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Jornal de Pediatria

Print version ISSN 0021-7557

J. Pediatr. (Rio J.) vol.84 no.1 Porto Alegre Jan./Feb. 2008

http://dx.doi.org/10.1590/S0021-75572008000100001 

EDITORIALS

 

Osteoporosis in cystic fibrosis

 

 

Gerd DöringI; Steven P. ConwayII

IInstitute of Medical Microbiology and Hygiene, Universitätsklinikum Tübingen, Tübingen, Germany
IISt. James' Hospital, Leeds, UK

 

 

Adequate care in such a multisystem disease as cystic fibrosis (CF) involves many different disciplines.1 The control of chronic lung disease by early diagnosis of bacterial infection and early administration of appropriate antibiotics as well as anti-inflammatory drugs is undoubtedly of primary importance,2 since loss of lung function is the major cause of morbidity and mortality in CF. The maintenance of optimal nutrition status is also critically important,3 since low body mass indexes also contribute to lung disease. Neonatal screening of CF, now established in several countries, may further increase life expectancy in CF, since early diagnosis improves growth, weight gain and lung function, and decreases hospitalization rate.2 As a result of better care and therapy in the last decades, prognosis of CF has improved dramatically in many countries and most children now reach adult life. In the USA, median survival rose from 14 years in 1969 to 36.8 years in 2005. Similar improvements in survival have also occurred in Europe. Yet, differences in survival among patients persist, due to differences in treatment strategies, access to specialized CF centres and socioeconomic status.

As life expectancy increases in CF several new clinical problems that need to be identified and therapeutically addressed may become evident. One of these is CF-related bone disease.4,5 What are the reasons for this complication in CF? The etiology of bone loss in CF is multifactorial, including low body mass index, vitamin D and probably vitamin K insufficiency, poor Ca2+ absorption and excessive Ca2+ secretion in the gastrointestinal tract, low levels of insulin-like growth factor 1, chronic bacterial lung infection with associated chronic inflammation and heightened cytokine activity, and treatment with antibiotics and glucocorticoids.4-6 Studies in cystic fibrosis transmembrane conductance regulator (CFTR)-null mice and in patients with CF indicate a potential association between the gene defect in CF and osteoporosis.7,8 Recent work has identified the presence of CFTR in human osteoblasts, osteocytes, and osteoclasts.9 Thus a high prevalence (40 to 70%) of decreased bone density (both osteopenia and osteoporosis) is present in the adult CF population, particularly among patients undergoing lung transplantation. When does bone disease start? Studies of bone health in small groups of well children with CF show normal bone mineral density (BMD) when the control group is matched for body size as well as age and gender10 but adolescents with CF can begin to reveal signs of bone disease.11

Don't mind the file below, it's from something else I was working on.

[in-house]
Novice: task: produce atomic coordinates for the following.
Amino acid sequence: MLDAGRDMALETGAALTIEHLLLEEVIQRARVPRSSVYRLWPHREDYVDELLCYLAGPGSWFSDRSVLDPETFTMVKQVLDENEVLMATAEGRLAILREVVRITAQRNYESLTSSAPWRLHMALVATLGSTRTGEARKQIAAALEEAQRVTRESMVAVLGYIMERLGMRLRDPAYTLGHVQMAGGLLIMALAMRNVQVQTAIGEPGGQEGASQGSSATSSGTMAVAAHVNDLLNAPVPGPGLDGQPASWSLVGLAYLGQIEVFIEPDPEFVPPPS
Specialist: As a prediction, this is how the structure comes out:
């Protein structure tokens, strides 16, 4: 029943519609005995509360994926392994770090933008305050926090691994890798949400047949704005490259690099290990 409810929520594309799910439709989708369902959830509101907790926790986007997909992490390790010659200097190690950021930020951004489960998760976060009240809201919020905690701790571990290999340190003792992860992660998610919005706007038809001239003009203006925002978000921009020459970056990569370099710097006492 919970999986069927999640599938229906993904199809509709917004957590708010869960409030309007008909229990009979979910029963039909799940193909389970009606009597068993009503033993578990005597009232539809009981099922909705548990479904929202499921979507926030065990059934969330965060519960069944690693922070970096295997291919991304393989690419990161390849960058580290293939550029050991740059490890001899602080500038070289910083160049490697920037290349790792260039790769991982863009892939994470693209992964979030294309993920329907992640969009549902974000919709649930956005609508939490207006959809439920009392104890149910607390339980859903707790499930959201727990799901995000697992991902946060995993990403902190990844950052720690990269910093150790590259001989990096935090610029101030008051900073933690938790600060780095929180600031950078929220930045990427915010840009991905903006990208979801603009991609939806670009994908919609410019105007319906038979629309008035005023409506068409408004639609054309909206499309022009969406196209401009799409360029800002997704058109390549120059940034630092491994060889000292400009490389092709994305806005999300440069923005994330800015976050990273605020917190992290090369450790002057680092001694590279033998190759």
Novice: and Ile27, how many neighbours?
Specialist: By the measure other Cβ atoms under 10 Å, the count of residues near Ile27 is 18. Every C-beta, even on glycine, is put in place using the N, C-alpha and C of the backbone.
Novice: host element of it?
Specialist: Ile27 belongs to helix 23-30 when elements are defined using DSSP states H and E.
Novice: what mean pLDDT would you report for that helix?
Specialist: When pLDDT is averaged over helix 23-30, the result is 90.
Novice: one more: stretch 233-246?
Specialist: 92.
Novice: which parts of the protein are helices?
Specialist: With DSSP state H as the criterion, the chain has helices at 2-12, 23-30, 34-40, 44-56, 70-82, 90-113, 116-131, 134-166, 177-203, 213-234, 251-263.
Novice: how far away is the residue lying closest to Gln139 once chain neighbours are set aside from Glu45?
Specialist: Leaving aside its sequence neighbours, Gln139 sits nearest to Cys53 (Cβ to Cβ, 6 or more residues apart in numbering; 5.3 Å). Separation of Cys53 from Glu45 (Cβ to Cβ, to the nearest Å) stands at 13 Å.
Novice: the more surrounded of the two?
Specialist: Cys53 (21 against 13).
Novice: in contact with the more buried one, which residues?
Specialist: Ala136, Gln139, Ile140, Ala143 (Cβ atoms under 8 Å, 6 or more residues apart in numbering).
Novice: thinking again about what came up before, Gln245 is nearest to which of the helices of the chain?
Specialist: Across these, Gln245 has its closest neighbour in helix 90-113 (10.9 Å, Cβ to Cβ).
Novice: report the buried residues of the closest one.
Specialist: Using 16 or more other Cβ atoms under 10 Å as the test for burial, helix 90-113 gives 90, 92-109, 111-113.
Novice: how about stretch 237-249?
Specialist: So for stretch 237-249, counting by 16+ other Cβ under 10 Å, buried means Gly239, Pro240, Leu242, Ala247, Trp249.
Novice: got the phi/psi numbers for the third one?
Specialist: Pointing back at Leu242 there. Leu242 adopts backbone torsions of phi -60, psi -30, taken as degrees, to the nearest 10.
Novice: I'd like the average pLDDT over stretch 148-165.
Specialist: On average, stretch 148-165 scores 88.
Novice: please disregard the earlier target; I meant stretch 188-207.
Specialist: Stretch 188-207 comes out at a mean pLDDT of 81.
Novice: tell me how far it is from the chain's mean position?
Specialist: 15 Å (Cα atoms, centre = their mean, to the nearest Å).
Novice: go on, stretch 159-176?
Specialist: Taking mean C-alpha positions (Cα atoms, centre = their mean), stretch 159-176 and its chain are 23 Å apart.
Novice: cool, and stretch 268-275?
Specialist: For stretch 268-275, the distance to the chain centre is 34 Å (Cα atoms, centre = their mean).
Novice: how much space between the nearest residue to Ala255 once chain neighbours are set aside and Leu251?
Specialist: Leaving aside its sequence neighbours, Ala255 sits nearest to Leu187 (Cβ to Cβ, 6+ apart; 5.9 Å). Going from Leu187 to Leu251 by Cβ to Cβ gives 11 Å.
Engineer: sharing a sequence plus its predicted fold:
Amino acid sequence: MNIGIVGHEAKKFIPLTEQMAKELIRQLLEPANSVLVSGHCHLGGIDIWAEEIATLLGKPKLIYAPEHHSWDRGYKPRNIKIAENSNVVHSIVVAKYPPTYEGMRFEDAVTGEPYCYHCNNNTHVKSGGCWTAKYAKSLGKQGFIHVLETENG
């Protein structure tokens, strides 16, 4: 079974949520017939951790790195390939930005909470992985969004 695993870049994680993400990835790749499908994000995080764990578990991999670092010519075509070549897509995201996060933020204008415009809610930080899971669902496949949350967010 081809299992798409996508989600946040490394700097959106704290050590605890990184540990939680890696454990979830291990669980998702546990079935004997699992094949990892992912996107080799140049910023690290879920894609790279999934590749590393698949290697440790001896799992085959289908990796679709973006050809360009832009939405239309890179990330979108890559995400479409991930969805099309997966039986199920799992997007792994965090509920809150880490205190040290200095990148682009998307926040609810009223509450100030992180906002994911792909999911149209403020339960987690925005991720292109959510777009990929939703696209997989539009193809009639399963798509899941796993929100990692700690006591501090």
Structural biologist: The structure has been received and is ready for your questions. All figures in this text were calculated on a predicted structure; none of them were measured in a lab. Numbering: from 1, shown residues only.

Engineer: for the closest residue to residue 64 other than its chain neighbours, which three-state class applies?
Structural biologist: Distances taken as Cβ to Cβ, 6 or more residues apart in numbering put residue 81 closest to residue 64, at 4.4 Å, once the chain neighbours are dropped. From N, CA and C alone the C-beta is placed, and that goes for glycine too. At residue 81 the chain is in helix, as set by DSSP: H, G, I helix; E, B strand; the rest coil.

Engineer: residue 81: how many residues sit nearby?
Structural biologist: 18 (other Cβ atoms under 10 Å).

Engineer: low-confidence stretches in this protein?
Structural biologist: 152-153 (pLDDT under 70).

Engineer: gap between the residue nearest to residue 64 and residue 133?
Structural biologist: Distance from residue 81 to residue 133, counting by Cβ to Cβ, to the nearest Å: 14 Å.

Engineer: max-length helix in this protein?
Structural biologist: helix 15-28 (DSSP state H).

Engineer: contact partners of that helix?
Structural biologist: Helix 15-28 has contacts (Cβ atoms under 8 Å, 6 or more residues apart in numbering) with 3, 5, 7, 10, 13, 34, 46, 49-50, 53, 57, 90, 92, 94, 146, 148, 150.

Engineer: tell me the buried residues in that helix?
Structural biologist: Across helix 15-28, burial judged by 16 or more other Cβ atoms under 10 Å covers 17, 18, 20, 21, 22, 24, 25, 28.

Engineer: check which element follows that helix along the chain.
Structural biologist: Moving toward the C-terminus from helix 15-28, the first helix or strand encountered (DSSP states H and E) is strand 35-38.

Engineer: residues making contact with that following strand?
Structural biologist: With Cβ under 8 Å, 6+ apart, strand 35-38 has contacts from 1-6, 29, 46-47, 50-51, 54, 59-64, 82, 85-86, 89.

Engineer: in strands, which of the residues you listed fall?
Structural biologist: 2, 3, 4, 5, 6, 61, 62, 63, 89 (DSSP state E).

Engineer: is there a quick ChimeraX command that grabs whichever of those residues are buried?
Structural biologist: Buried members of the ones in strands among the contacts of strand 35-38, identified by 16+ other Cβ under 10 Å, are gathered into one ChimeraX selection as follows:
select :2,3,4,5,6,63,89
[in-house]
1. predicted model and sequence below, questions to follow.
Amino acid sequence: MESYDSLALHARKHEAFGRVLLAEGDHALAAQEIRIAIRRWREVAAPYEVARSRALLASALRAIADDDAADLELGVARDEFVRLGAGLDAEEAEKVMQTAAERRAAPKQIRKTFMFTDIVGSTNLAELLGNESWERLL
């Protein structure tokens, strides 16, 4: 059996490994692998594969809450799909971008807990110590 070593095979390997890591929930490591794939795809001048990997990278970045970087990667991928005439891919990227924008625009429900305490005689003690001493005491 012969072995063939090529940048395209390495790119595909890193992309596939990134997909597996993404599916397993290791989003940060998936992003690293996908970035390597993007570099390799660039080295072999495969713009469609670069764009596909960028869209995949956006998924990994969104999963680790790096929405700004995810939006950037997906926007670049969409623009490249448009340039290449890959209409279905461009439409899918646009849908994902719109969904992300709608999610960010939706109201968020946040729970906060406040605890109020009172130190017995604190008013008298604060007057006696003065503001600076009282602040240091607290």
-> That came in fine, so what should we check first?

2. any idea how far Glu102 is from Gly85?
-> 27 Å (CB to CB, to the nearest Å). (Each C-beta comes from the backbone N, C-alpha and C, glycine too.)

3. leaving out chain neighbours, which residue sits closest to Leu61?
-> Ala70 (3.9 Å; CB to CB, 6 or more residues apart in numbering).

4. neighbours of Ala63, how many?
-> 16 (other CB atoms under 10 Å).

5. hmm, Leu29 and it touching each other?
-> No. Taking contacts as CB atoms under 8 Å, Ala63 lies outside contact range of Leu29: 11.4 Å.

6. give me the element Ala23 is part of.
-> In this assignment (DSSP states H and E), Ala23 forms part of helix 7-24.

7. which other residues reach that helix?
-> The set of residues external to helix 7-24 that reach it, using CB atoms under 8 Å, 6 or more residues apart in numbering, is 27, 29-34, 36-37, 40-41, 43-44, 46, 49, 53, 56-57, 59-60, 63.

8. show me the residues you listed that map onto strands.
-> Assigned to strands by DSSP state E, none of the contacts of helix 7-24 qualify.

In the cross-sectional study by Caldeira et al. in this issue of Jornal de Pediatria,12 the authors conclude that there is a high prevalence of low BMD among Brazilian adolescents with CF. They investigated a group of 37 CF adolescents with a median age of 13 years, who had been diagnosed at 2 years of age. More than 50% of the patients exhibited reduced lumbar spine BMD, as determined by dual-energy X-ray absorptiometry (DEXA) and expressed as a z score, (the number of standard deviations that the BMD score is above or below the mean compared with individuals of that age).

The high prevalence of low BMD in the population studied is surprising, given that over 90% of the adolescents had adequate nutritional intake, (20-50% above the recommended dietary allowance), and over 70% had normal height for age and weight, and forced expiratory volume in one second (FEV1) > 60% predicted. Only 8% of the adolescents had FEV1 < 40% predicted. This high level of reduced BMD may reflect, despite over 70% of patients showing normal height for age, that some of these adolescents have short, narrow, bones. The DEXA scan, an areal measurement, will underestimate BMD in these children. If Caldeira's results were corrected to give a bone mineral apparent density, i.e., corrected for body size, a lower prevalence of reduced BMD might be found. A low BMD measurement in a small-for-age child may only be due to small body size.